Now, as a young tenured faculty member, he is one of the few scholars researching critical race theory at Texas A&M’s philosophy department. During his rise from assistant professor to full professor within six years, the lessons he learned as a young debater have remained relevant.
“I was drawn to debate because I loved the idea that you can speak quickly and that you can do research and that you would be judged on what you know instead of your skin color,” Curry says. “As a Black kid growing up in Lake Charles, Louisiana, where everything’s about race, it was refreshing to think, even as naïve and idealistic as it may be, that there’s somebody who would value what I said because I made a good argument and not because of how I looked.”
That vision of philosophical discourse was tested for Curry in July when comments he made about the film Django Unchained were taken out of the context of a larger discussion about gun ownership by Black people and interpreted as a call for violence against White people. He received violent threats via email and social media. For Curry, this incident mirrored a problem that oft en occurs in academia, that is, the inclination toward identity politics, as opposed to rigorously addressing the issues.
Curry published his first book, titled Th e Man-Not: Race, Class, Genre, and the Dilemmas of Black Manhood, in July 2017. His work uses social and political philosophy to study Black masculinities. Unlike the norm in academic philosophy, Curry relies heavily on facts and historical context to substantiate his ideas, he says.
“For me, any time you look at a philosophical problem, you have to understand the history, or what happened beforehand, because that gives you complexities involved in the problem that you’re trying to study, as well as what’s going on with the problem right now,” he says. “Once you have that, then you can start thinking abstractly or doing philosophy.”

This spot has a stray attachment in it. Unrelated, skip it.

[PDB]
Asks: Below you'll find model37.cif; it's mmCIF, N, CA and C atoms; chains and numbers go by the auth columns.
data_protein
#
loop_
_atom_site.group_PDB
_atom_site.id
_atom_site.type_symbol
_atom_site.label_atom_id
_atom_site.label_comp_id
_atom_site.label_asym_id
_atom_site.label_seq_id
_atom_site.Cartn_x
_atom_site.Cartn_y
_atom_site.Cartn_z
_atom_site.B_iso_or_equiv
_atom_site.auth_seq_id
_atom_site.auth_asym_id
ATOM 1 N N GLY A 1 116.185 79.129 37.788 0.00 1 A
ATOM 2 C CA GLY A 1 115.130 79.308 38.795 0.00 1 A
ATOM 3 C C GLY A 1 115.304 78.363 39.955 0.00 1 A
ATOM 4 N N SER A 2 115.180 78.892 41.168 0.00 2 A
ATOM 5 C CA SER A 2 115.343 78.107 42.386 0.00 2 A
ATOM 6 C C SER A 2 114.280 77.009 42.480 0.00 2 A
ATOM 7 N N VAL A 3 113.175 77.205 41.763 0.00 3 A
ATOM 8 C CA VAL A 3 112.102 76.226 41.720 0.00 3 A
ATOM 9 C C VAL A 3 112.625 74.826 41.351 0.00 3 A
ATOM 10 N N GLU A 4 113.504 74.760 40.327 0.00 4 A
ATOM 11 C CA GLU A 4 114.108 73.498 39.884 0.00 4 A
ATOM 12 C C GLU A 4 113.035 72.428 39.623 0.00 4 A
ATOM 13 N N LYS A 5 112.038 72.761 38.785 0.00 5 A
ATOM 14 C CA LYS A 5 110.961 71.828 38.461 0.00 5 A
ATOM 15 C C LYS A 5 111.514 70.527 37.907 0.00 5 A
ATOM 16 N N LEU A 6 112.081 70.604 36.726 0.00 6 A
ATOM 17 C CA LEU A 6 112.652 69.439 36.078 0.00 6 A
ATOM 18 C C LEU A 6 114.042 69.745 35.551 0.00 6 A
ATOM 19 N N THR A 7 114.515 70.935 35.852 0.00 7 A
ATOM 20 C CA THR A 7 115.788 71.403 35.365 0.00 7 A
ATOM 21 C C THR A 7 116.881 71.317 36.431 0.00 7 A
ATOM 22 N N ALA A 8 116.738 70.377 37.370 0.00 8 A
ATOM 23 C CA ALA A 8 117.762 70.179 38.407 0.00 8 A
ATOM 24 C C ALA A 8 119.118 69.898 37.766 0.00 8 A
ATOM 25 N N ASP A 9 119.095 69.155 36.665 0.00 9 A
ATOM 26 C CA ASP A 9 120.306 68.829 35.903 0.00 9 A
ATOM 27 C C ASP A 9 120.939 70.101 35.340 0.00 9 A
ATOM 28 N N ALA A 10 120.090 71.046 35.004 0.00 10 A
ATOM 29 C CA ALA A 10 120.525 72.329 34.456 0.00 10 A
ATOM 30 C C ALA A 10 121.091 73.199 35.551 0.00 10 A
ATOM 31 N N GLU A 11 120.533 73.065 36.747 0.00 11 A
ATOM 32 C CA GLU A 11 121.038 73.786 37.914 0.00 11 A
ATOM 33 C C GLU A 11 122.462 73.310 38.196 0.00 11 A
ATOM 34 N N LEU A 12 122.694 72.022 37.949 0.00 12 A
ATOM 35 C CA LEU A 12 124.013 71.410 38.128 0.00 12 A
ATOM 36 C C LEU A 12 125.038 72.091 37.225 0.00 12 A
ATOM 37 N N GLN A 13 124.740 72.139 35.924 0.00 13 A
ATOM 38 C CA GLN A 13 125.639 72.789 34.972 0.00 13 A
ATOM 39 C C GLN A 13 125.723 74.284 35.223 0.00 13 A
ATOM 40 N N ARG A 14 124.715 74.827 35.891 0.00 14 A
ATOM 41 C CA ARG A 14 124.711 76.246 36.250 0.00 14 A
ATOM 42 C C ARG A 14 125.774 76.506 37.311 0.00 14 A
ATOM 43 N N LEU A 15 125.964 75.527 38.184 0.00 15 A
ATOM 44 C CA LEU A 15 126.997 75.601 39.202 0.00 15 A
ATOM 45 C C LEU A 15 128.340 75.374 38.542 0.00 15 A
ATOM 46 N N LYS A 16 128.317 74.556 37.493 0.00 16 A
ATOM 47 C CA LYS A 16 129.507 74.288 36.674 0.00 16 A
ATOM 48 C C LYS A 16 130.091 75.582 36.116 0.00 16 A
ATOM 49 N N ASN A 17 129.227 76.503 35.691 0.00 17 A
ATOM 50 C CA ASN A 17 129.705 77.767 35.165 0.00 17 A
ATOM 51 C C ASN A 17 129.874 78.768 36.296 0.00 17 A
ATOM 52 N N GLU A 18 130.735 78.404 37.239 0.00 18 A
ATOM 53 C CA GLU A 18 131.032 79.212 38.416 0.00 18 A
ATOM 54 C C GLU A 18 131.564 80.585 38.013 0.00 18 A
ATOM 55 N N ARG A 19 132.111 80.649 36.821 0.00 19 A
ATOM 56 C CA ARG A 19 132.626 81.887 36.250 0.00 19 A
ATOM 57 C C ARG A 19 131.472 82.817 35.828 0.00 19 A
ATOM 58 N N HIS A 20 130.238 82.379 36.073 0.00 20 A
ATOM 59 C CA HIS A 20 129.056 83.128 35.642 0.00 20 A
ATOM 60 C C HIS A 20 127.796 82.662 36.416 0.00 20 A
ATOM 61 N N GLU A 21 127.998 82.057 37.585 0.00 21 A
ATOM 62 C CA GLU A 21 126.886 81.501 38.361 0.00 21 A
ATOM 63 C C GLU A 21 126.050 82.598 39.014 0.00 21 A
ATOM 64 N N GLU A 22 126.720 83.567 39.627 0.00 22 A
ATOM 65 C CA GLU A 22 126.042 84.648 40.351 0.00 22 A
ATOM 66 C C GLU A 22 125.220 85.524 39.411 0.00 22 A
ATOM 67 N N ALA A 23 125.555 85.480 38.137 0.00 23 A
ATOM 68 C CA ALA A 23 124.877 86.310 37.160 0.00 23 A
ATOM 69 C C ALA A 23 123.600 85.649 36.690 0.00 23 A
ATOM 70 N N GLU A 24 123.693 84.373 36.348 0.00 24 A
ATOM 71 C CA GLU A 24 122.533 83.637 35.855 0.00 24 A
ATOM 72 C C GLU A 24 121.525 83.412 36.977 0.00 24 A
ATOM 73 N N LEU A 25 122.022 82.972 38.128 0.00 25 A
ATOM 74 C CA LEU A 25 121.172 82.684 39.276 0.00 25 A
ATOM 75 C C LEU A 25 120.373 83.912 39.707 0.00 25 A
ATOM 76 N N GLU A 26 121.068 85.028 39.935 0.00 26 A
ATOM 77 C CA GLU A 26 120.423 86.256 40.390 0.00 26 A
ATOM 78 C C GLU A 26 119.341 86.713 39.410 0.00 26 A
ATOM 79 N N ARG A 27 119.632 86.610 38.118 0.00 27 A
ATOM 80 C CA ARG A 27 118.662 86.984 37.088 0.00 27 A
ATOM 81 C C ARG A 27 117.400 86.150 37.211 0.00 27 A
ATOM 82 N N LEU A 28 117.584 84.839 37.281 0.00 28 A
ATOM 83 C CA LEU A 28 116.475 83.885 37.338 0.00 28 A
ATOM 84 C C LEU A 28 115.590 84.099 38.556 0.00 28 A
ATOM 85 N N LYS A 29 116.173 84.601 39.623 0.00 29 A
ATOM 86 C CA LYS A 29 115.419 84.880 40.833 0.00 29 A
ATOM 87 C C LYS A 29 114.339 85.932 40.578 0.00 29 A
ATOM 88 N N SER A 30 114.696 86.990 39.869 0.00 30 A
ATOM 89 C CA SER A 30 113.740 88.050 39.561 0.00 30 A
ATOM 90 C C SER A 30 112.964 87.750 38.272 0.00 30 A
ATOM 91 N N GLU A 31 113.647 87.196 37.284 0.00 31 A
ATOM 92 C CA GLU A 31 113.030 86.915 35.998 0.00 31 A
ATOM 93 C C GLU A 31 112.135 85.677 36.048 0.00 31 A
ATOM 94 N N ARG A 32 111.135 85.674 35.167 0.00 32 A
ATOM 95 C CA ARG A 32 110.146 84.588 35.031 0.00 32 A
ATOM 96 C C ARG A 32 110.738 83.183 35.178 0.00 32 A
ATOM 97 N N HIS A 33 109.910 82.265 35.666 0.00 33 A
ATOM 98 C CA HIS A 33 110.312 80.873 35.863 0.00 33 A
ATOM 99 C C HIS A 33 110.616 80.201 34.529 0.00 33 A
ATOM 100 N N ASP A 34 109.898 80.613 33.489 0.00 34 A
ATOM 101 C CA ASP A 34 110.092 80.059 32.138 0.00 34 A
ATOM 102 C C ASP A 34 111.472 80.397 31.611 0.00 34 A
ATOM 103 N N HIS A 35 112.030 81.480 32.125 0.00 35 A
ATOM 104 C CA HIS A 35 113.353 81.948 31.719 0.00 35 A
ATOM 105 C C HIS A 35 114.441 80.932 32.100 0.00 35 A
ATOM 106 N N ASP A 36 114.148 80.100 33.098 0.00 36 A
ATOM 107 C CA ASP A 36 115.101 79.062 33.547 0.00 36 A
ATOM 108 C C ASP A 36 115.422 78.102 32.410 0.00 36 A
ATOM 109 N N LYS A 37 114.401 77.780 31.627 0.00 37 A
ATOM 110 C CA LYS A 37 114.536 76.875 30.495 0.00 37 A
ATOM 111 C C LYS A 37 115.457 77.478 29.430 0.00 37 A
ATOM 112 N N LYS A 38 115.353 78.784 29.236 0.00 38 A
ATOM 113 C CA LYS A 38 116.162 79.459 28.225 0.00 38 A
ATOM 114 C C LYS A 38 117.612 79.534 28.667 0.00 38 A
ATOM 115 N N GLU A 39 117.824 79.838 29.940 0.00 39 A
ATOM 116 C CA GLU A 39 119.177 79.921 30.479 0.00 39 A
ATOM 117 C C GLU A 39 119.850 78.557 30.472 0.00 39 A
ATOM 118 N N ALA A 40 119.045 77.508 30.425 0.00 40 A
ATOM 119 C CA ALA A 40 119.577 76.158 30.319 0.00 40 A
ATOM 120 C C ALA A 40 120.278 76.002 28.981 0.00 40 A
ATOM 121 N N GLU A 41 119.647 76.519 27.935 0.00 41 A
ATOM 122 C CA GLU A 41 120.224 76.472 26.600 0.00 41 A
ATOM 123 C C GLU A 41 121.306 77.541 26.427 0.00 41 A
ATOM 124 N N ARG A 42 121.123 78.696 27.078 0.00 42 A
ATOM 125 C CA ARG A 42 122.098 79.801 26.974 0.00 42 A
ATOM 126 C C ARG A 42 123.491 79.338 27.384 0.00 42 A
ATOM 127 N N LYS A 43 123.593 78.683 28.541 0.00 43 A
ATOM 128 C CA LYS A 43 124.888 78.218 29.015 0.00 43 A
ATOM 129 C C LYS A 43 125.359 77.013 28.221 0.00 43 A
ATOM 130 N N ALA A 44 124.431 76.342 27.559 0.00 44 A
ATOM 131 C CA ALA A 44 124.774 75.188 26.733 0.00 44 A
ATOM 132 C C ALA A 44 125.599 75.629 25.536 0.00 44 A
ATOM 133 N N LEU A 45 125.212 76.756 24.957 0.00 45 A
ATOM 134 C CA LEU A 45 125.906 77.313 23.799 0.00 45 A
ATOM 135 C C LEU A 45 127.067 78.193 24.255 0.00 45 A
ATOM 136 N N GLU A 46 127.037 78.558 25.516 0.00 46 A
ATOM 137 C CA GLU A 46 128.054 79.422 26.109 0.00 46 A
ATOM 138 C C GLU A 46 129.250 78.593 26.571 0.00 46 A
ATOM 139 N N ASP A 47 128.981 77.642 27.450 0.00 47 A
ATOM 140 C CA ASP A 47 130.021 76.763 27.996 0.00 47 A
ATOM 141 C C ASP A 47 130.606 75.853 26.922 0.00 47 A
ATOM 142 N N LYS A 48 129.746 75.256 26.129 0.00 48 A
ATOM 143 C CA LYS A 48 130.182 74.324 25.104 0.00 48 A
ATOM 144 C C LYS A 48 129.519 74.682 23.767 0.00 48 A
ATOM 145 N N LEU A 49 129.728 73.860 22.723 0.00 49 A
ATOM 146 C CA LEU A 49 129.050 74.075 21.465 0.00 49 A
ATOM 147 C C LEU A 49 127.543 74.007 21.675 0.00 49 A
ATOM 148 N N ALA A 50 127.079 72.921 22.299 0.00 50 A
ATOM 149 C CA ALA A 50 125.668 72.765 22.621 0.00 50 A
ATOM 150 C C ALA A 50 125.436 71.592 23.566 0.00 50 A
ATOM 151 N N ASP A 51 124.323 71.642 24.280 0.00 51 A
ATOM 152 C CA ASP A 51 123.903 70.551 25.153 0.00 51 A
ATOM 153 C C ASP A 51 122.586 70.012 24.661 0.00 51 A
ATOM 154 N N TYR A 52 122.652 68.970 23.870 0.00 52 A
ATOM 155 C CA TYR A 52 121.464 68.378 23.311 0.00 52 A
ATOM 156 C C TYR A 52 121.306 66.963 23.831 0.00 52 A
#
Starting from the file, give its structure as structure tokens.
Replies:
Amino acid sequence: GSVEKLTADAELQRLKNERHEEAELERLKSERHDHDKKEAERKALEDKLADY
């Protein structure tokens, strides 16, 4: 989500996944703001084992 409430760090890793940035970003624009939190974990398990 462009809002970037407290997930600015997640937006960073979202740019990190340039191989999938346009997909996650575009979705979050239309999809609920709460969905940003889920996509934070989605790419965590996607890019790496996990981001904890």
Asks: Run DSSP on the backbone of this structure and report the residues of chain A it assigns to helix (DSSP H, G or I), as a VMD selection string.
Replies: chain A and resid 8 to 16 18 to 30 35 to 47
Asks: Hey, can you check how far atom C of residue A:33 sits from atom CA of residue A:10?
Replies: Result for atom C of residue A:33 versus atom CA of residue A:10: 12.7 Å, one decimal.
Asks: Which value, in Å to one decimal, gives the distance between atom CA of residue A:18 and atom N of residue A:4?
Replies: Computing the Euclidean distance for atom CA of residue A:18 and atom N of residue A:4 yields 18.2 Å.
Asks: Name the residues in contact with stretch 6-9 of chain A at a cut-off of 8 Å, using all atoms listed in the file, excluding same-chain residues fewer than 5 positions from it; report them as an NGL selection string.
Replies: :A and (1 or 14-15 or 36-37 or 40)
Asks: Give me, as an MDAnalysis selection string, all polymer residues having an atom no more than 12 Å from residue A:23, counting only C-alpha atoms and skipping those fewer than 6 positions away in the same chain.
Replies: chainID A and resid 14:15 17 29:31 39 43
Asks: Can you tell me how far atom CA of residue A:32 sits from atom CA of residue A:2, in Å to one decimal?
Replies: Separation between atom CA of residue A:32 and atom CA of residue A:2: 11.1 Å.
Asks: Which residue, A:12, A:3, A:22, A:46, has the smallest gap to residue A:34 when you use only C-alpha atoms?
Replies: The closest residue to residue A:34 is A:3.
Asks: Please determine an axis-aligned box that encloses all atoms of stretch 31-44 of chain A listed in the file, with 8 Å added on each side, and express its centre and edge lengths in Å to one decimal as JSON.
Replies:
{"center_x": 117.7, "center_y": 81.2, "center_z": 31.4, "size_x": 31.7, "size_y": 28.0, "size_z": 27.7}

Curry has acknowledged that, although an Africana or African-American studies department may be a better fit than what he calls the sterilized discipline of philosophy, he is not shying away from academic adversity.
“My mom used to tell me, take everything they have, learn what you have to learn and use it against them,’” he says. “My view of education was already introduced to me as a hostile engagement with White people’s racism because that’s the time I grew up in.”
Both his intellectual fortitude and commitment to social justice have earned him the praise of his peers. “Any - one that’s in Tommy’s presence for more than two seconds will immediately pick up on the fact that he is the quintessential scholar,” says Dr. Fred Bonner, a professor at Prairie View A&M University, who worked with Curry as a peer mentor at Texas A&M. Bonner describes his former colleague as a “tier-one scholar,” who is “unapologetic about telling the story of underserved and underrepresented populations.”
In the classroom, Curry helps his students navigate concrete phenomena rather than allowing social media trends and slogans to dictate his teaching.
“My courses are not about identity politics. My courses are not about ideology, because I actually like facts,” he says. “We talk about terms like White supremacy. We talk about violence. We talk about genocide and genocidal logics. I’m all about talking about concrete things.”
For Curry, philosophy is about bridging the gap between thought and social change. He hopes to continue to bring this idea to life in both his research and his teaching.
“I think all philosophy should lead to some sort of activism because if philosophy is serious about changing the world, then the only way the world changes is through policy or activity that causes transformation,” he says. “So when I talk to the students, I’m interested in them assessing the role that they play. What does their existence mean within the context of these oppressive structures?”
Title: Professor of Philosophy, Texas A&M University
Education: B.A., Southern Illinois University; M.A., DePaul University; Ph.D., Southern Illinois University
Career mentors: Dr. Bill Lawson, University of Memphis; Dr. Leonard Harris, Purdue University; Dr. Lucius Outlaw, Vanderbilt University.
Words of wisdom/advice for new faculty members: Write with the courage that history will remember your name even if those in your time do not and [with] the knowledge that any attempt to challenge racism under the current political regime requires the belief that facts can and do triumph over ideology, even if it is beyond our own lifetime.